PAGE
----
Men experiencing sexual dysfunction are no more likely to be gun owners than men who are not experiencing such problems, according to new research published in the American Journal of Men’s Health. The study casts doubt on claims derived from psychoanalytic theory that guns are phallic symbols that serve as unconscious representations of male virility.
“Our gun research has focused on testing the taken-for-granted claims of gun culture,” said lead researcher Terrence D. Hill, an associate sociology professor at The University of Texas at San Antonio. “Are gun owners especially fearful? Do guns help people to sleep better at night? Do guns make people happier? Do guns enhance satisfaction in life? Do guns compensate for sexual dysfunction in men? In each case, the answer has been no. Our general aim is to contribute to more evidence-based discussions of the role of guns in society.”
For their new study, the researchers analyzed data from 780 men who participated in the 2021 Crime, Health, and Politics Survey. In addition to measures of sociodemographic characteristics and other factors, the national survey included multiple items regarding gun ownership and sexual dysfunction. The median age of the sample was 46 years.
About 37% of the men in the sample reported personally owning a gun, 8% reported purchasing a gun during the pandemic, and 27% reported that they kept a gun in their bedroom. When it came to sexual dysfunction, most men said they “rarely” felt anxious about their ability to perform sexually and 19% reported having been prescribed medication for erectile dysfunction at some point.
But the researchers failed to find any relationship between sexual dysfunction and gun ownership.
“Although there has been no direct empirical evidence linking sexual dysfunction with gun ownership, speculation has been widespread and persistent for decades. Our key finding is that men experiencing sexual dysfunction are no more likely to own guns than men without sexual dysfunction,” Hill told PsyPost.
“Our findings are important because they contribute to our understanding of factors associated with gun ownership by challenging the belief that phallic symbolism and masculinity somehow drive men with sexual dysfunction to purchase guns. Our results also remind us of the perils of gun culture rhetoric, which, in this case, function to discredit gun owners and to further stigmatize men with erectile dysfunction.”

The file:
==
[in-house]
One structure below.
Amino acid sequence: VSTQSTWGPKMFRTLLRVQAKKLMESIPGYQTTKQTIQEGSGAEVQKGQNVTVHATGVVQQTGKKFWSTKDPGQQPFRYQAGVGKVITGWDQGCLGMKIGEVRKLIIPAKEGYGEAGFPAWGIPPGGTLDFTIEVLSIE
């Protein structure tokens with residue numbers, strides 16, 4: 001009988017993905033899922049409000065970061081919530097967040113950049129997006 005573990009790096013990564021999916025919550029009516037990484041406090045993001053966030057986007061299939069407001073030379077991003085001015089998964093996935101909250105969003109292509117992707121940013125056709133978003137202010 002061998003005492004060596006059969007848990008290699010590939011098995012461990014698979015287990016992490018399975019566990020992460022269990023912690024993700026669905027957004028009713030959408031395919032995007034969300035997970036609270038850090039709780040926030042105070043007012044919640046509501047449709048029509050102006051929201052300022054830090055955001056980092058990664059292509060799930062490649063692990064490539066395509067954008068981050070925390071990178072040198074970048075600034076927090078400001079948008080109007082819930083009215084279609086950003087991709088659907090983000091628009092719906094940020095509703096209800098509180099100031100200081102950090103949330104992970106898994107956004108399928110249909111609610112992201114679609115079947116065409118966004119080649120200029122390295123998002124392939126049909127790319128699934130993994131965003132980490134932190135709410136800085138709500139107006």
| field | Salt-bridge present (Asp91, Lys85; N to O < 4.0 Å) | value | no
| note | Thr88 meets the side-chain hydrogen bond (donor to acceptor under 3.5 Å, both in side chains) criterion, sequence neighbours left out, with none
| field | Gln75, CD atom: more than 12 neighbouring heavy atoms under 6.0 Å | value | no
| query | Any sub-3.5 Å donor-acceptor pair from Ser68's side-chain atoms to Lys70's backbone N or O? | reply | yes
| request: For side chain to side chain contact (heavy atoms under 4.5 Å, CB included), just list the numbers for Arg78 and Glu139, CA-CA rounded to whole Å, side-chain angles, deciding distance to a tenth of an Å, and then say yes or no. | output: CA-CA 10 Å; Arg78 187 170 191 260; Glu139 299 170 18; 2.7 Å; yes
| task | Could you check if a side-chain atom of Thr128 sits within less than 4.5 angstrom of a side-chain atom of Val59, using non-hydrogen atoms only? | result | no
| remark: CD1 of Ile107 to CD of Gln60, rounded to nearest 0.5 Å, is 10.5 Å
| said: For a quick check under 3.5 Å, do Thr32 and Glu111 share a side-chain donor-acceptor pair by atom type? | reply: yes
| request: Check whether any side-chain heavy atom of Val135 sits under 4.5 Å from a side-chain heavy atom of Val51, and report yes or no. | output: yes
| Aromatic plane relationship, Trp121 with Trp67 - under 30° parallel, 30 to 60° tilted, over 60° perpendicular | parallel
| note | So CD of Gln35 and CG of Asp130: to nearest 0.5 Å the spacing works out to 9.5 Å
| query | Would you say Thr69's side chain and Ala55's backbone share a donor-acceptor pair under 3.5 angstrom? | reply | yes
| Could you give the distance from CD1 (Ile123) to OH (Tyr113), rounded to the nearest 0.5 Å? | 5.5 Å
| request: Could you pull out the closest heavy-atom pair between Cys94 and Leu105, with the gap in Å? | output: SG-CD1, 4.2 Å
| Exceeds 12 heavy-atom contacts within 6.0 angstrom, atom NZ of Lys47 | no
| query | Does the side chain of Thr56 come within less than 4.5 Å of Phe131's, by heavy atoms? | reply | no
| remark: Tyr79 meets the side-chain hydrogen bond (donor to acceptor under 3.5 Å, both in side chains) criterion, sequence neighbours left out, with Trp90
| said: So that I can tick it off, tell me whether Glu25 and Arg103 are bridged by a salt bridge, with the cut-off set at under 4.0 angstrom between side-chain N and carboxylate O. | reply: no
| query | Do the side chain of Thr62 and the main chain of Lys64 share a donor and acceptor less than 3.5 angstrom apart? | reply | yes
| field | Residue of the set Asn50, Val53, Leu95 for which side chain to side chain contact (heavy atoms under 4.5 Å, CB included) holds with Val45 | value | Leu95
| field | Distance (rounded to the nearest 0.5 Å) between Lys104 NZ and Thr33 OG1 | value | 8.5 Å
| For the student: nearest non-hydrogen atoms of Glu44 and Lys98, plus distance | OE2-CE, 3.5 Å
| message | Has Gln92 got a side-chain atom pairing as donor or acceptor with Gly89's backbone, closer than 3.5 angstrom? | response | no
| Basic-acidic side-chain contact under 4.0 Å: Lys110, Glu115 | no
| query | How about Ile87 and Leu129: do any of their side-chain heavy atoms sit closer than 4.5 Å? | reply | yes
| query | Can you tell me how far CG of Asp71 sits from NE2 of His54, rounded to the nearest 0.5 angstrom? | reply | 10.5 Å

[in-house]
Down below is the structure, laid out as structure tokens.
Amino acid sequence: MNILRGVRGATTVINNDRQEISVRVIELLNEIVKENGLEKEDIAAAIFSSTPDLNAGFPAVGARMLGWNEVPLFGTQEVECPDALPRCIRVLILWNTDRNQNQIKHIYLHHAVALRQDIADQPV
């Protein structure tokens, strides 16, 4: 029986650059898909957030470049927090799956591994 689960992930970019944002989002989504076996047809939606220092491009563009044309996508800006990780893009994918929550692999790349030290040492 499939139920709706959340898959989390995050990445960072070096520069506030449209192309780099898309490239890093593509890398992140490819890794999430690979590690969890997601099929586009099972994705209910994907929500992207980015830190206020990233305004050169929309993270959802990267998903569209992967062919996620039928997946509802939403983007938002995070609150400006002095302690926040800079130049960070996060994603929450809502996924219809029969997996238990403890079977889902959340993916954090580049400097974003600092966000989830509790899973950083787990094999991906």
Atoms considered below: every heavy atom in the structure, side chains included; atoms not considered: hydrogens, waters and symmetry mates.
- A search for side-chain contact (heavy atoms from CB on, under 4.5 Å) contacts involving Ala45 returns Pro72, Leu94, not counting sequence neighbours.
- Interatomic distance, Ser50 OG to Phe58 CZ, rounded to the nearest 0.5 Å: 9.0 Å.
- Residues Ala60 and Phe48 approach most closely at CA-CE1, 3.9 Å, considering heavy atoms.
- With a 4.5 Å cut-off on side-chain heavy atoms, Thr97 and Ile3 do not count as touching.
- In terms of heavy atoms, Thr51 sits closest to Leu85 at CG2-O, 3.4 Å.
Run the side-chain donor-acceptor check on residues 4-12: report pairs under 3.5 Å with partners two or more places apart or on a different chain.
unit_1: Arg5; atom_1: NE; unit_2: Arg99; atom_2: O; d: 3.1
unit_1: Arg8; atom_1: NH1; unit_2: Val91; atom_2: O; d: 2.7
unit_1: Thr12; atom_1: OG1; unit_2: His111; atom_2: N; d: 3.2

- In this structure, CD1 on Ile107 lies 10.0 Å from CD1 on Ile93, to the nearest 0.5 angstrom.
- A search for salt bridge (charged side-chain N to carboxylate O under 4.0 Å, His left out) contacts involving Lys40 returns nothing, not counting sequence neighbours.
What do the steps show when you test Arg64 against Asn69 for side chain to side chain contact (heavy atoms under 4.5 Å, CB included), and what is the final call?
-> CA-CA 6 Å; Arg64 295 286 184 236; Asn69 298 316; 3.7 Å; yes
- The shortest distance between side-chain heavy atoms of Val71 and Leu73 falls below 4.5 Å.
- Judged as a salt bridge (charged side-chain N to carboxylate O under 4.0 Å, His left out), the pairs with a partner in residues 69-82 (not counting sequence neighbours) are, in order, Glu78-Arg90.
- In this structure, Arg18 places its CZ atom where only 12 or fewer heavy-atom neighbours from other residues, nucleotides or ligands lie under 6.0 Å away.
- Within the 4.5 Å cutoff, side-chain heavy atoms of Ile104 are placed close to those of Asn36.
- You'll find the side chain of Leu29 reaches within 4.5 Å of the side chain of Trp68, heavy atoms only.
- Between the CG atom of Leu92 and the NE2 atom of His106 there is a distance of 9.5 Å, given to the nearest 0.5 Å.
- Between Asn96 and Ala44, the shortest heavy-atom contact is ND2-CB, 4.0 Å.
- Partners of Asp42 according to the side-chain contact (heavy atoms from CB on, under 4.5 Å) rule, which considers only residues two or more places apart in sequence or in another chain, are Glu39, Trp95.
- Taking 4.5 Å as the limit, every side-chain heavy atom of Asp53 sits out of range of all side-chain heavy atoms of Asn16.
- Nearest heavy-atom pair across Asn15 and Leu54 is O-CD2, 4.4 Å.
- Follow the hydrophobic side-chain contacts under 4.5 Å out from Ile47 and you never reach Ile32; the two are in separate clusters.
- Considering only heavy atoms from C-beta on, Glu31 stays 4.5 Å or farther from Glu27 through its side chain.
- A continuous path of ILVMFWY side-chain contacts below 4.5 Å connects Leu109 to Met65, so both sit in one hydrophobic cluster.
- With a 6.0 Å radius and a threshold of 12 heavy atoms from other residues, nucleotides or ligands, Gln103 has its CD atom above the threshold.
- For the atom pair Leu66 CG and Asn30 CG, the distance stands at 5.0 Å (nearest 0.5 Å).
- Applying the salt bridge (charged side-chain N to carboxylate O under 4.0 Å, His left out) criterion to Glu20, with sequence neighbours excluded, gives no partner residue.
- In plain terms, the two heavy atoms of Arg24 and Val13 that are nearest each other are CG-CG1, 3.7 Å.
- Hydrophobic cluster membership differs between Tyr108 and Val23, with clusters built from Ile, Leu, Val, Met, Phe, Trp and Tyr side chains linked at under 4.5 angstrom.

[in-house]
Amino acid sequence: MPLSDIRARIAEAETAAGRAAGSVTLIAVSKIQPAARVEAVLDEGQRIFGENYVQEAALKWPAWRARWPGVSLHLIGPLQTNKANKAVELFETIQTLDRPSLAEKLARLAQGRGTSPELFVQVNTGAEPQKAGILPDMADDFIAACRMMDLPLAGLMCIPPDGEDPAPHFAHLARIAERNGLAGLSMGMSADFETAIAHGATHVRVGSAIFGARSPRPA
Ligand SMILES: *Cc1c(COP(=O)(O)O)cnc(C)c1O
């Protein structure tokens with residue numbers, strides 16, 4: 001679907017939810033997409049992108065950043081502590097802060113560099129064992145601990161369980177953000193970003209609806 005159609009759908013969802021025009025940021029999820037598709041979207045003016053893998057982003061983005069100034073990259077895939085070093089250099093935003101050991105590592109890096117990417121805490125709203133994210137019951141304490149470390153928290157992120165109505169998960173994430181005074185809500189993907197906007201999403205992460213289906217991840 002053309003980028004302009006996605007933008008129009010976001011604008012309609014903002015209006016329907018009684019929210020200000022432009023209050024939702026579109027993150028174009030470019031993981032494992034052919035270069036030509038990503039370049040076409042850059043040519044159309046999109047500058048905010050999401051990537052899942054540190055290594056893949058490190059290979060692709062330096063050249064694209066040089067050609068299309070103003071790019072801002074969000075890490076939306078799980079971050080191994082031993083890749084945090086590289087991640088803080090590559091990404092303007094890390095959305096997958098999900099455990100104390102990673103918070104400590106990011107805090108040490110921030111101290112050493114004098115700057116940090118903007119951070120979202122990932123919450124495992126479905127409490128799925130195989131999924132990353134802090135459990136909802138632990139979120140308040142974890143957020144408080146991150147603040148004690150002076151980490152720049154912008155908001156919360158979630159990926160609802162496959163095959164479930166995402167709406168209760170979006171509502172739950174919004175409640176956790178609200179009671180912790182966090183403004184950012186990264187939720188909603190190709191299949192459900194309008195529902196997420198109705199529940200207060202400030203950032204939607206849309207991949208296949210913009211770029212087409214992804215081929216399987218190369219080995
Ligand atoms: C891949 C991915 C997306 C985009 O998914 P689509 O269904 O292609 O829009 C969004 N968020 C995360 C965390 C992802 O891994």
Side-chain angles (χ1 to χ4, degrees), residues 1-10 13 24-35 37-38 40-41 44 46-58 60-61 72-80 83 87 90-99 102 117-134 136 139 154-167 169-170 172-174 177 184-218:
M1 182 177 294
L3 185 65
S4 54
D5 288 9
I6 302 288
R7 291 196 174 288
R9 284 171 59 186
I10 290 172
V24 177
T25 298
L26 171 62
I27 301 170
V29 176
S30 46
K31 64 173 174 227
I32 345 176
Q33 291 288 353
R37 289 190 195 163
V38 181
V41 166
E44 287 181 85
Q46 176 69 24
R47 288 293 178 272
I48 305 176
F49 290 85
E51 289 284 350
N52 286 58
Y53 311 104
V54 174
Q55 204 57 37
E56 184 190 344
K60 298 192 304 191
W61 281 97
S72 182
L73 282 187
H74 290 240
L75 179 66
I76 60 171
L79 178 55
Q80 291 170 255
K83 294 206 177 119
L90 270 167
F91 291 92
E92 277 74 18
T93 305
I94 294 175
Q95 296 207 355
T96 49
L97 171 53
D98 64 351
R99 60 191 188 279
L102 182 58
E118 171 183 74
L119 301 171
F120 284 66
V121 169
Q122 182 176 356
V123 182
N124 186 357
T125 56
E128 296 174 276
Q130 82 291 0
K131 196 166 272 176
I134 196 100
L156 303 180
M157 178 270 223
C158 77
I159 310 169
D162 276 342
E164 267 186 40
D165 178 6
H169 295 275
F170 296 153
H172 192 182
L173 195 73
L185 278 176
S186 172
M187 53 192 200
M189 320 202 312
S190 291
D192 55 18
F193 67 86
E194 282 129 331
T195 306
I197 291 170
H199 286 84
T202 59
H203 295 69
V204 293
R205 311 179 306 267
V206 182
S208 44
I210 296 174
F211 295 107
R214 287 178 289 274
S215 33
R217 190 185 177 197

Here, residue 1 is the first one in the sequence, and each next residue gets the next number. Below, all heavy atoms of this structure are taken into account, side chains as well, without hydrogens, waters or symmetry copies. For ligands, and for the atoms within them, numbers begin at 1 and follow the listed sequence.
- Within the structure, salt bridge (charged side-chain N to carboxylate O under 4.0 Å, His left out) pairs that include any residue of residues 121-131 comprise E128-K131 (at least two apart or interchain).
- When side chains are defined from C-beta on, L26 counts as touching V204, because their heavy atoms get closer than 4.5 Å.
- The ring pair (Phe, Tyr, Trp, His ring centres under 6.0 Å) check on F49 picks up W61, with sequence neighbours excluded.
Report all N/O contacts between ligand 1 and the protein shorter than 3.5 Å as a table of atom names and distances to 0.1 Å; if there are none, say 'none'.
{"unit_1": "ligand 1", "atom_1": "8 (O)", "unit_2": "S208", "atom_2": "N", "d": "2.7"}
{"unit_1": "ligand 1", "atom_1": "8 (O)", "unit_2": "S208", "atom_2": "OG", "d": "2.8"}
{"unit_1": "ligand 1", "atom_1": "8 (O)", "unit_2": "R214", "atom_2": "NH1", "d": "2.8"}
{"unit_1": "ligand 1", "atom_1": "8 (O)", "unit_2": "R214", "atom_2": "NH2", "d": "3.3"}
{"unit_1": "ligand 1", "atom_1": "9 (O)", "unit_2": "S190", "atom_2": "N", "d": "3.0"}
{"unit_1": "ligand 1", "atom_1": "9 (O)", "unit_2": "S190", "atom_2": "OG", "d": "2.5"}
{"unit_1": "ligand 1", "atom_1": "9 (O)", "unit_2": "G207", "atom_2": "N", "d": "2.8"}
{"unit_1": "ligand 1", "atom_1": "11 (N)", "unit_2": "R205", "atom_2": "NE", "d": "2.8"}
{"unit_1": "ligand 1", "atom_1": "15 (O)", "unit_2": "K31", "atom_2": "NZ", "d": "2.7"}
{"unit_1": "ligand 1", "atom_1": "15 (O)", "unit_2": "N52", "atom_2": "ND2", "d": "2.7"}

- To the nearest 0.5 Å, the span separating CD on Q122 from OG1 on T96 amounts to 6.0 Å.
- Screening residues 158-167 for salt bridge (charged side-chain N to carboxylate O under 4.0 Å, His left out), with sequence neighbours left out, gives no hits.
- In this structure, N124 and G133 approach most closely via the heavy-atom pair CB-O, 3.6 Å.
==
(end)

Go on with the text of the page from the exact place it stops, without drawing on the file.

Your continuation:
But the study — like all research — includes some limitations.
“Because our analyses are based on a cross-sectional design, no causal or temporal inferences can be made. Although we suggest that sexual dysfunction might predict gun ownership, this model will require longitudinal data to assess changes in sexual dysfunction and changes in gun ownership,” Hill explained.
“One reason for this is that handling guns has been reported to increase testosterone levels in experimental settings. Given that androgen deficiency contributes to erectile dysfunction, gun ownership may be a cause and a consequence of erectile dysfunction. These simultaneous processes could conceivably explain our null findings. While erectile dysfunction could lead to gun ownership, having a gun could in turn protect against erectile dysfunction by increasing testosterone.”
“Because our measures of sexual dysfunction and gun ownership are limited to only a few items, the veracity of our analyses is contingent upon replication with more detailed assessments (e.g., the Sexual Health Inventory for Men, SHIM),” Hill told PsyPost. “Finally, there is also the possibility of social desirability bias in self-reports of sexual behavior. To minimize the potential for bias in reporting (e.g., the experience of shame from reporting erectile dysfunction to another person), we employed self-administered surveys.”
“We encourage scientists to test the taken-for-granted assumptions of gun culture. We encourage the general public to also question these assumptions because they are usually politically motivated,” Hill added.
The study, “Sexual Dysfunction and Gun Ownership in America: When Hard Data Meet a Limp Theory“, was Terrence D. Hill, Benjamin Dowd-Arrow, Christopher G. Ellison, Ginny Garcia-Alexander, John P. Bartkowski, and Amy M. Burdette.